Angel investments — capital invested in a startup by an affluent individual or group of individuals — is often one of the first instances of outside capital that a founder will see in his or her startup. In 2013, according to a Reynolds survey, there were around 750,000 angels in the US alone.
For US founders, that is more than 750,000 chances to get your startup funded, to bring your idea to life. With the proliferation of internet communications, those chances extend far beyond the angels in the US. They are now available to founders all over the world.
Capital received from an angel investment is often one of the single most important catalysts for a founder trying to get a startup off the ground. Here are some tips to help you find an angel and navigate the funding process.
Finding an angel
According to Andy Gibbs, the president and CEO of ScienceStyle Capital Partners, the typical angel investor profile has changed considerably over the last few decades. When he started looking for funding, angels were typically folks with long careers in business and had a wealth of business knowledge. Nowadays, he said, there are some investors who are high-net-worth but without decades of business knowledge.
Gibbs said that some of the latter have an emotionally-driven interest in a market opportunity, and Gibbs is looking for business knowledge.
"I still look for angel investors who are very sophisticated investors, sophisticated business owners, or sophisticated business managers; not the young guys who are looking for an emotional investment," Gibbs said.
So, you should know what kind of investor you are looking for. Much like finding a VC, choosing an angel is a targeted approach. Take time to do your research. Find the investors who invest in your space, and make sure the amount of capital they are willing to invest lines up with the amount you are trying to raise.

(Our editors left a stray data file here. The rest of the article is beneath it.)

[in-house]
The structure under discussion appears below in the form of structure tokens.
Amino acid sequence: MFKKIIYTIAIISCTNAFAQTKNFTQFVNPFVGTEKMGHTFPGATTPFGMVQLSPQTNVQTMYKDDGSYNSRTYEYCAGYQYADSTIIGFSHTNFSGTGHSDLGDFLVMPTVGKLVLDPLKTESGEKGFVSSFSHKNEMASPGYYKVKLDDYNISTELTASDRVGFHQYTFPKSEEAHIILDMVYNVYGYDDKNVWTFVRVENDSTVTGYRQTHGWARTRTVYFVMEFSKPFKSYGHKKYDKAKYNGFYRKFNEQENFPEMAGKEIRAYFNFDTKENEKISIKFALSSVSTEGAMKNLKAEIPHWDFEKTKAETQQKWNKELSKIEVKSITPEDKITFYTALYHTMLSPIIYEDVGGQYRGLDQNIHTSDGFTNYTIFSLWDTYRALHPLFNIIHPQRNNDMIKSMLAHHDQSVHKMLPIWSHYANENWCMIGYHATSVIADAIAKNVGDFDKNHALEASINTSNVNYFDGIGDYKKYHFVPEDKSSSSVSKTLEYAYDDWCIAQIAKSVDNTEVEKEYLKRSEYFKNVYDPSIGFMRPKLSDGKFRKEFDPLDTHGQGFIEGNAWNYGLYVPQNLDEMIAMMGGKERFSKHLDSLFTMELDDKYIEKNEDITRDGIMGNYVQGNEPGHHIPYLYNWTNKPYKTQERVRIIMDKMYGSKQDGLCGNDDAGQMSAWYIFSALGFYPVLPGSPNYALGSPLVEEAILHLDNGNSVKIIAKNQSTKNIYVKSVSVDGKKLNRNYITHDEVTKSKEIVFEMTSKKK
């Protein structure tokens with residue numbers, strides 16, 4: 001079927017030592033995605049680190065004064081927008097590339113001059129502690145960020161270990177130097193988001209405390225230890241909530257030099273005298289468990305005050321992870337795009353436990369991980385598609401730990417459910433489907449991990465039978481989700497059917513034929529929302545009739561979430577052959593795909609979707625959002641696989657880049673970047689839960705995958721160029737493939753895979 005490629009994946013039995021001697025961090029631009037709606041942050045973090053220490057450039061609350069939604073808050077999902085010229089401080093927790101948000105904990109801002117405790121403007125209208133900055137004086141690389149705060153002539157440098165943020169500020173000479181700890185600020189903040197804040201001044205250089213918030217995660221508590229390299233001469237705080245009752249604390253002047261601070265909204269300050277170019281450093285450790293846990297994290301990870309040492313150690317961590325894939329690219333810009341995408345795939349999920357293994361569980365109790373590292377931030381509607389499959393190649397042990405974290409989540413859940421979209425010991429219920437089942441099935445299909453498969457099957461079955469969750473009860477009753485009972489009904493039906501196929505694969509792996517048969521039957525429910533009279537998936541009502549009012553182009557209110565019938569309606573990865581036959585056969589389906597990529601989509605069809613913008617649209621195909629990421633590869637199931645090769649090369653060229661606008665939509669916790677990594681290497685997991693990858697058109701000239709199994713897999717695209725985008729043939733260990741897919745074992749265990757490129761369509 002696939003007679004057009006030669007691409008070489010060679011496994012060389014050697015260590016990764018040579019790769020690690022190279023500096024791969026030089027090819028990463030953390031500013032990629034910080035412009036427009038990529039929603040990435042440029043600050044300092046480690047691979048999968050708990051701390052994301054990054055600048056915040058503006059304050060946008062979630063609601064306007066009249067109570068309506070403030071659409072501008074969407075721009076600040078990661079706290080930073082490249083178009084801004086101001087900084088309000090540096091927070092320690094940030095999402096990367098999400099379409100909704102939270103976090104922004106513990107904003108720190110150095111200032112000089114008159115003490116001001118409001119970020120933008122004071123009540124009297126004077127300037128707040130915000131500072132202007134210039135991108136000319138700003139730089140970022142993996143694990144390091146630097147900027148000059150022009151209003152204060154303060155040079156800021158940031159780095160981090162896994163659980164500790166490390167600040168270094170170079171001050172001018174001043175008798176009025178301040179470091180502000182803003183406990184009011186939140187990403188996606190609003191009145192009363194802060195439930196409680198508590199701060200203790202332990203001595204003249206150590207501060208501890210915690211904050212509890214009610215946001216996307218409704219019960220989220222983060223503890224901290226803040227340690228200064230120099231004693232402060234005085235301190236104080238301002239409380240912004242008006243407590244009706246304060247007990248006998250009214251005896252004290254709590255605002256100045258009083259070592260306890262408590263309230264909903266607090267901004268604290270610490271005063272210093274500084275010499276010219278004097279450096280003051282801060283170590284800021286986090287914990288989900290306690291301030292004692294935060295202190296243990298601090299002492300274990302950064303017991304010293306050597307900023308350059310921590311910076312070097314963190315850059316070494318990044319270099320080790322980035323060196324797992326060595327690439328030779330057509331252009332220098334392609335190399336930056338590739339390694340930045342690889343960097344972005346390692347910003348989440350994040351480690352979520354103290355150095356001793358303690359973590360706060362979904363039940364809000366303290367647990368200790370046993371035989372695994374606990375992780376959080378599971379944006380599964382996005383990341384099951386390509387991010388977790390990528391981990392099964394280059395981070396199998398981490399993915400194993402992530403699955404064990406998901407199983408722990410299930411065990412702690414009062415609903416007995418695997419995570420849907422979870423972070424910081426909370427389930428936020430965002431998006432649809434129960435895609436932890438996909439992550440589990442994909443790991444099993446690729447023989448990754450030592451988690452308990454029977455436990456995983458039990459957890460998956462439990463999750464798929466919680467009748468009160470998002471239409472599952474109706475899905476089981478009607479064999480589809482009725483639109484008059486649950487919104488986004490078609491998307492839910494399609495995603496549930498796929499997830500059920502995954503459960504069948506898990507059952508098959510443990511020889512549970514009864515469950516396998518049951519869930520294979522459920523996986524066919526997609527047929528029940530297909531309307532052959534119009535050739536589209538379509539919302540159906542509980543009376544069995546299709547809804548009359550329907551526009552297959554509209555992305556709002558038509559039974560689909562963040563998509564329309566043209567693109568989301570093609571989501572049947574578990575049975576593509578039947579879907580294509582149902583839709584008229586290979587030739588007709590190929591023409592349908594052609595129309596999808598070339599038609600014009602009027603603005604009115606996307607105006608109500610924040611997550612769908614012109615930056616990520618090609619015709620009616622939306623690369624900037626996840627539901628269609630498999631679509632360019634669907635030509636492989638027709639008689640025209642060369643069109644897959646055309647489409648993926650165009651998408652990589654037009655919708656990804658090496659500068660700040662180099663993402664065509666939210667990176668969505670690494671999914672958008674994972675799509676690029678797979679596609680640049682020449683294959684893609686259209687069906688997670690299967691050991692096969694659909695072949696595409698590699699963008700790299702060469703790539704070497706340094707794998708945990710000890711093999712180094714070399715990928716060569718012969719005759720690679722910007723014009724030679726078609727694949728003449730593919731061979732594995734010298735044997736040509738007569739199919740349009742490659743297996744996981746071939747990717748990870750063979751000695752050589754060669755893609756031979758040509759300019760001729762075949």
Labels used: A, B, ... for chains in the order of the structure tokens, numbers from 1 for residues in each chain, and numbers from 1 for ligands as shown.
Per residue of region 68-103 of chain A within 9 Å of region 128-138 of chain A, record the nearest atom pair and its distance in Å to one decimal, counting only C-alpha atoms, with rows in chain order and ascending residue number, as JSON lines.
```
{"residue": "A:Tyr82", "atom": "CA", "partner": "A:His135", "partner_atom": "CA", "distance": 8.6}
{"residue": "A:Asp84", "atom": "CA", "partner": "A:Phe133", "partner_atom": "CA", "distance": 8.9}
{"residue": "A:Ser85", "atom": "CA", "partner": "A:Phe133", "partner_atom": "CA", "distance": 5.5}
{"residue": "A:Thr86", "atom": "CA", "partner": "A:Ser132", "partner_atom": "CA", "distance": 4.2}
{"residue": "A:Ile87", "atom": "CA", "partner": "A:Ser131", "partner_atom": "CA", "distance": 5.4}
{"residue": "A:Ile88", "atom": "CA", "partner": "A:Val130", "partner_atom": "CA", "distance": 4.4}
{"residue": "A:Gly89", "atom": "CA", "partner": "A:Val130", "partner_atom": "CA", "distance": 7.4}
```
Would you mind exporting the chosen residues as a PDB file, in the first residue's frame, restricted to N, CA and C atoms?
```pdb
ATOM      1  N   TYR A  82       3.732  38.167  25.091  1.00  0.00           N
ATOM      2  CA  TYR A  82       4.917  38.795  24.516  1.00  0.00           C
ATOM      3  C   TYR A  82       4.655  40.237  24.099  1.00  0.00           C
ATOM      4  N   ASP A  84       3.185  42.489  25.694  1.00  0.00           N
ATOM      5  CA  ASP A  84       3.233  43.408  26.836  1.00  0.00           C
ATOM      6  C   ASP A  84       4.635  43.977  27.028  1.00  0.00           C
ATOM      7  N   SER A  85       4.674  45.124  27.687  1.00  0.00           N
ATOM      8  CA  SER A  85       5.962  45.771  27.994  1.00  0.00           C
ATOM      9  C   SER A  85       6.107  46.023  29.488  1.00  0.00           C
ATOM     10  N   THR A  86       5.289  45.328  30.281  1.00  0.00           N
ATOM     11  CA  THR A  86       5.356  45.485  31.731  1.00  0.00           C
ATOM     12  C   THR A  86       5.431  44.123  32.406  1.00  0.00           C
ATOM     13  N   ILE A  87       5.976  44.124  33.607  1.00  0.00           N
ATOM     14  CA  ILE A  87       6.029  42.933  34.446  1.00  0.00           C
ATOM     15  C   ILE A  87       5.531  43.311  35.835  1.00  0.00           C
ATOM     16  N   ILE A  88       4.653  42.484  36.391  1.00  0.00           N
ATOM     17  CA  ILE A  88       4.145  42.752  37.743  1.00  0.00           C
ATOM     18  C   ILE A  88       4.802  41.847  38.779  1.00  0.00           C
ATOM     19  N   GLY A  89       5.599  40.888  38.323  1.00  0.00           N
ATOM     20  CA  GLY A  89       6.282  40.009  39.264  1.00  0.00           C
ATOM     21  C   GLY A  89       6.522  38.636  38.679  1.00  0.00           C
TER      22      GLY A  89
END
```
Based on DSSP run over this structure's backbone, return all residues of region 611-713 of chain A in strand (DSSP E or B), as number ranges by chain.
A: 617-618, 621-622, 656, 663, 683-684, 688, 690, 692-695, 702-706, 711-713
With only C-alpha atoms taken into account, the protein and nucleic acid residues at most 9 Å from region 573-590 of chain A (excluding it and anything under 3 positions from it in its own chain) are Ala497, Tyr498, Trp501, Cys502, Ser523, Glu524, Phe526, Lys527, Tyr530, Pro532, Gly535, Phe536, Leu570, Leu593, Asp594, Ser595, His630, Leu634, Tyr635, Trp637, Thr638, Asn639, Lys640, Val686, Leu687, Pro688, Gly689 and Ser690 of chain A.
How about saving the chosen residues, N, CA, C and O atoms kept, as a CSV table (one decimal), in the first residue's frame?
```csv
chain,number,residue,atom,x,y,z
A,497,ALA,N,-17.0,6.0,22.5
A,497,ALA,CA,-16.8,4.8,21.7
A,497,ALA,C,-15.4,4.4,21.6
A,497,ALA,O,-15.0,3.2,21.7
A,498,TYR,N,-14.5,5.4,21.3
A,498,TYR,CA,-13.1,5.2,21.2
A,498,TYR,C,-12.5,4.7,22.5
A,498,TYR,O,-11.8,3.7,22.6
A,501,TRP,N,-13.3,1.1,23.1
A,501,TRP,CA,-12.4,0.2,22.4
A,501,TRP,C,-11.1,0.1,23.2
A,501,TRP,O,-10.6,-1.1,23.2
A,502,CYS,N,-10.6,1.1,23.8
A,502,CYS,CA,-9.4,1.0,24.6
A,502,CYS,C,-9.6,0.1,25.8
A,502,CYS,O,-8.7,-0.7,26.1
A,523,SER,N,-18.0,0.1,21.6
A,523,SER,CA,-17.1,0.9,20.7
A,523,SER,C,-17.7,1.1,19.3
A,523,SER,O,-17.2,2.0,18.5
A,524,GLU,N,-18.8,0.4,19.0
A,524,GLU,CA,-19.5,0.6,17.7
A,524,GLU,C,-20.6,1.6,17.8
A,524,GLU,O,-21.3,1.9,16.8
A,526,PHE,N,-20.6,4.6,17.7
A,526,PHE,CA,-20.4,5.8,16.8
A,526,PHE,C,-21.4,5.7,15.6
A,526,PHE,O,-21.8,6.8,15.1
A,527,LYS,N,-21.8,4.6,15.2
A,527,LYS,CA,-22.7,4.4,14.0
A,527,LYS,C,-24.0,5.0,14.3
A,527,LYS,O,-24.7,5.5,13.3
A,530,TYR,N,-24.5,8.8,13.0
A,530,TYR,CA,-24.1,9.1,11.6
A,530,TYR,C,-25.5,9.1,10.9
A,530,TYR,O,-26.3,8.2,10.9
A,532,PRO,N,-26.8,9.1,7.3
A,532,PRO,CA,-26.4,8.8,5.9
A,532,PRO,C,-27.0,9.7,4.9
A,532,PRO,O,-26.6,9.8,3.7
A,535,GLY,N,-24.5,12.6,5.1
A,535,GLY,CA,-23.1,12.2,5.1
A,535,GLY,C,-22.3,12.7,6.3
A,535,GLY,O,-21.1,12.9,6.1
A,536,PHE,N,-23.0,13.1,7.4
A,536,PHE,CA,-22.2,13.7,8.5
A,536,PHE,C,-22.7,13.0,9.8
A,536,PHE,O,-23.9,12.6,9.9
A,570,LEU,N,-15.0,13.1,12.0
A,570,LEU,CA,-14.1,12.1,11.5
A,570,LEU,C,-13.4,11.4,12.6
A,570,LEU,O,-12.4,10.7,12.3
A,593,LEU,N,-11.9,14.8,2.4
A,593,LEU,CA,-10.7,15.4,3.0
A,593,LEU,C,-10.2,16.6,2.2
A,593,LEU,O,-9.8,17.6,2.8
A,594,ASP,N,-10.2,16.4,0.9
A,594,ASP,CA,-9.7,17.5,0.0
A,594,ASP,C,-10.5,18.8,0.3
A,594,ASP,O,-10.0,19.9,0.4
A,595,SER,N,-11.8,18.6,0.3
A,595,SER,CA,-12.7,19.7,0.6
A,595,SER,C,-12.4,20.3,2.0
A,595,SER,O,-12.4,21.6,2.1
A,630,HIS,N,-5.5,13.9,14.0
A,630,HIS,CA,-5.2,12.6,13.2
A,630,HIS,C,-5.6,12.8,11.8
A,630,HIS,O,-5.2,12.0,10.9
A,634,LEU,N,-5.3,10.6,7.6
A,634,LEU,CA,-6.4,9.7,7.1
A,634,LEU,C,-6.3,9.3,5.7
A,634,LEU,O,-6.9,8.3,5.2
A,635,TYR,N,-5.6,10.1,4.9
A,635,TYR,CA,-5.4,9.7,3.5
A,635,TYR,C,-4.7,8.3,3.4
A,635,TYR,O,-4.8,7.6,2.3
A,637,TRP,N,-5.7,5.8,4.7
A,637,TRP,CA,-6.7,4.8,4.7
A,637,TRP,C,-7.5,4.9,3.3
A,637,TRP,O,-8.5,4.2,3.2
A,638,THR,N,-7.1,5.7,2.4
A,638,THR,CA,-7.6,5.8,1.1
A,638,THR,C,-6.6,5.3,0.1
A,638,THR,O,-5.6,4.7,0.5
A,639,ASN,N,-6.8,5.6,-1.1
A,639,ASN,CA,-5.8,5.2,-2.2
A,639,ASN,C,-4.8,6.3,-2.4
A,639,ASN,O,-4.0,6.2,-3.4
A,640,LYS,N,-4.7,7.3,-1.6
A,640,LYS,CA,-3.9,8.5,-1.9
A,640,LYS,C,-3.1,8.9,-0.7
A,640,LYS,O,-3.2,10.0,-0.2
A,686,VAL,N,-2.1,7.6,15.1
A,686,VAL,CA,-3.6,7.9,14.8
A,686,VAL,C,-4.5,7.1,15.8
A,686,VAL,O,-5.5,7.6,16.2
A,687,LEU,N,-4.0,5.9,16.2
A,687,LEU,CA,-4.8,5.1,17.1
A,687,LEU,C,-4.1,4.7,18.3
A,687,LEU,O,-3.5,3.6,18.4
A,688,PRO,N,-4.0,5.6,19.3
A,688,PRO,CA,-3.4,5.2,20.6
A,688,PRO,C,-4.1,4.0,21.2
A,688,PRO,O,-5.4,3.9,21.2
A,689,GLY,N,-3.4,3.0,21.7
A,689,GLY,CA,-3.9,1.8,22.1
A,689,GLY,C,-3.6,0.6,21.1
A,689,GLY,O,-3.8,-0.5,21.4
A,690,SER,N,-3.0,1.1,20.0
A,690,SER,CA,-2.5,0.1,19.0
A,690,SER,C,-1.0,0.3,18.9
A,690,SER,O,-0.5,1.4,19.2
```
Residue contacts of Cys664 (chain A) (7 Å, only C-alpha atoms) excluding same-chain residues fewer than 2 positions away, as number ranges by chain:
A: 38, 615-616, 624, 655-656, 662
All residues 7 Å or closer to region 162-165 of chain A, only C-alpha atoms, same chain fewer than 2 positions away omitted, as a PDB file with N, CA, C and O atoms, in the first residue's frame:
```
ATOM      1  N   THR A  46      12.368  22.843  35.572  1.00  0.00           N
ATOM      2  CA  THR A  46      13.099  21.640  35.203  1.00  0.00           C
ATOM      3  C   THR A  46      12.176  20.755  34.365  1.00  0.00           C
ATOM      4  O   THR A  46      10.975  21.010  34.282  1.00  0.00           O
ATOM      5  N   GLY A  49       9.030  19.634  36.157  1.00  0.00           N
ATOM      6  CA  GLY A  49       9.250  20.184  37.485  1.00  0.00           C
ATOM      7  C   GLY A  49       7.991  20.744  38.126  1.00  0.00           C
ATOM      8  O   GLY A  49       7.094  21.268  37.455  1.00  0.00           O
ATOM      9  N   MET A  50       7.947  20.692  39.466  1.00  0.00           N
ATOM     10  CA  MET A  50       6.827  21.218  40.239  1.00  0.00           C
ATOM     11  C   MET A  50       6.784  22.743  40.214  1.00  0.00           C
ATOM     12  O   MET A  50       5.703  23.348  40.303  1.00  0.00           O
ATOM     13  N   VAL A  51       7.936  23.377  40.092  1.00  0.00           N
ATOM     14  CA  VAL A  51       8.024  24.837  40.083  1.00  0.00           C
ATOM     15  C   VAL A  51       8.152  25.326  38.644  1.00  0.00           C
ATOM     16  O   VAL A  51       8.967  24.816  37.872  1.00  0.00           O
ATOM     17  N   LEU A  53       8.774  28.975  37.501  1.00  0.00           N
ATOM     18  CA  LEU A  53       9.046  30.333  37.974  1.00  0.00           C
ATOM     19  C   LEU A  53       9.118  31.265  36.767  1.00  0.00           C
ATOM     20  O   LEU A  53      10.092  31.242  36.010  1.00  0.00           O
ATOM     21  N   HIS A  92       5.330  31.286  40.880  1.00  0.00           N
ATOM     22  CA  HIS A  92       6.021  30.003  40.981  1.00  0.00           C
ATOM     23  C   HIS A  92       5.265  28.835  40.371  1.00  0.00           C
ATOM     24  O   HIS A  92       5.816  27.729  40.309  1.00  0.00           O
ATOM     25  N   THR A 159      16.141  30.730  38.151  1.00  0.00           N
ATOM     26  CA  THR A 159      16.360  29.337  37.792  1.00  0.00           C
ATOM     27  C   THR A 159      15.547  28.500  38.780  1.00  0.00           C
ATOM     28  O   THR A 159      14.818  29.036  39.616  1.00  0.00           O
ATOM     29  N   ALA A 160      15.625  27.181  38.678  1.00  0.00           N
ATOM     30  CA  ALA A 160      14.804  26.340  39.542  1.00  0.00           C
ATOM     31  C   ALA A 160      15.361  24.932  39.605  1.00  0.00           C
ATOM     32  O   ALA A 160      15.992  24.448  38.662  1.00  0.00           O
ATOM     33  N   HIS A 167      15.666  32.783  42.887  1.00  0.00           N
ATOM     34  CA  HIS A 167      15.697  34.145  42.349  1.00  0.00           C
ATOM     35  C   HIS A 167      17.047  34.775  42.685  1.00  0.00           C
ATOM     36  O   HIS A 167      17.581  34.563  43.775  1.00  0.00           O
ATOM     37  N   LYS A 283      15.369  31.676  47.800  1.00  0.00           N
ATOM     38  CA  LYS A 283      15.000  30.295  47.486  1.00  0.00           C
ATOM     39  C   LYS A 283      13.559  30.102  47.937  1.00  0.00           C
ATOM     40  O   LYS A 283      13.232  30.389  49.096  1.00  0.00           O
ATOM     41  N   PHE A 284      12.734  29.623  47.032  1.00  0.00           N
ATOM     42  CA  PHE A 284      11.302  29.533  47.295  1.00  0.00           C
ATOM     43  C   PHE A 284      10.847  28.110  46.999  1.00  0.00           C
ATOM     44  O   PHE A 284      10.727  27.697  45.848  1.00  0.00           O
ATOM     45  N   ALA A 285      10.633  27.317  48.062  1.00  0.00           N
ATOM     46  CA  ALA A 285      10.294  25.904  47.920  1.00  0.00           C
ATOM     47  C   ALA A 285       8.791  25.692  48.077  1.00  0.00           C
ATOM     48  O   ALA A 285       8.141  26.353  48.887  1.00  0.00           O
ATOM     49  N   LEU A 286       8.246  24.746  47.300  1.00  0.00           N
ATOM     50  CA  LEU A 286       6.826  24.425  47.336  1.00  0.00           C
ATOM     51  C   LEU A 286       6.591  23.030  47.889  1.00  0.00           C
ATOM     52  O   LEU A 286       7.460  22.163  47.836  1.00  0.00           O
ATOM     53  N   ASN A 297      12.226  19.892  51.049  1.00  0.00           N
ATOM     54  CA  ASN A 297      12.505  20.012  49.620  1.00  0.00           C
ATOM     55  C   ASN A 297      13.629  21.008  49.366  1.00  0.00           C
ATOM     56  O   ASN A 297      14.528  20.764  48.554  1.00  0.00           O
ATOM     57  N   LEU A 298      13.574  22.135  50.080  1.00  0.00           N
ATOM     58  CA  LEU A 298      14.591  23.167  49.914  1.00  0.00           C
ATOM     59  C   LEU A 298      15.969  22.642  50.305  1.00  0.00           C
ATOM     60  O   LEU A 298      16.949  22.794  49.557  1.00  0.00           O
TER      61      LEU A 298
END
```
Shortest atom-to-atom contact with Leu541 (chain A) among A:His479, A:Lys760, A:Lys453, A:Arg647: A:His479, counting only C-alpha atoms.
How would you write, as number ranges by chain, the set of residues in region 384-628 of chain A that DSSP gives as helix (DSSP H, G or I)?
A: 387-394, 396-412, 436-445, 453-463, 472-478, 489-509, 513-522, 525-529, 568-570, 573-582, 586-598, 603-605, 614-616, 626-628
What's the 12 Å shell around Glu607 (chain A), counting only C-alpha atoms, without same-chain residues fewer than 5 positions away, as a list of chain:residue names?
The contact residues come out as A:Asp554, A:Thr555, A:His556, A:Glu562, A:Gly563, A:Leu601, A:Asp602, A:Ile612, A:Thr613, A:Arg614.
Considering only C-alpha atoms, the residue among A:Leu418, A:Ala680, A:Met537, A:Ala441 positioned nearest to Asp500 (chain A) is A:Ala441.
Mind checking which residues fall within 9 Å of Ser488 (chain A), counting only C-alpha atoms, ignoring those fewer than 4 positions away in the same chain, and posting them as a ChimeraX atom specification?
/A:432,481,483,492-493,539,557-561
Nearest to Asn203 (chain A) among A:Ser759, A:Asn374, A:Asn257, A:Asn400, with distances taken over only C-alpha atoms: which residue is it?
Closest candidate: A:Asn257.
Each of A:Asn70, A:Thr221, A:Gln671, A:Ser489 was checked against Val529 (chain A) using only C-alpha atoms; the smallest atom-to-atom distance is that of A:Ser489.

Alex Frommeyer, CEO of Beam Technologies in Louisville, Kentucky said that you'll want to avoid just looking for someone who will give you money.
"In smaller markets, an entrepreneur has fewer angels (and typically less aggressive at that) to choose from, so sometimes the strategy can boil down to 'whomever is excited to cut a check'," Frommeyer said. "However, that is a terrible situation, because it gives serious negotiating leverage to the investor, as well as sets up the potential for a bad relationship."
When it comes to finding angels that can add value outside of just capital, the process can take a long time. For Frommeyer, his journey to finding an investor began years before he was even ready to take funding. As he was considering his startup, he was networking with thought leaders, vetting potential investors, and building credibility in his local startup scene. While this might not be the approach for everyone, it's a best practice to get to know people and, more importantly, let them get to know you.
Getting to know potential investors, or any potential stakeholders in your startup for that matter, is of utmost importance. Sure, online options are growing, but most investors put their trust in people, not companies. Some investors will tell you that the team behind the idea is more important than the idea itself.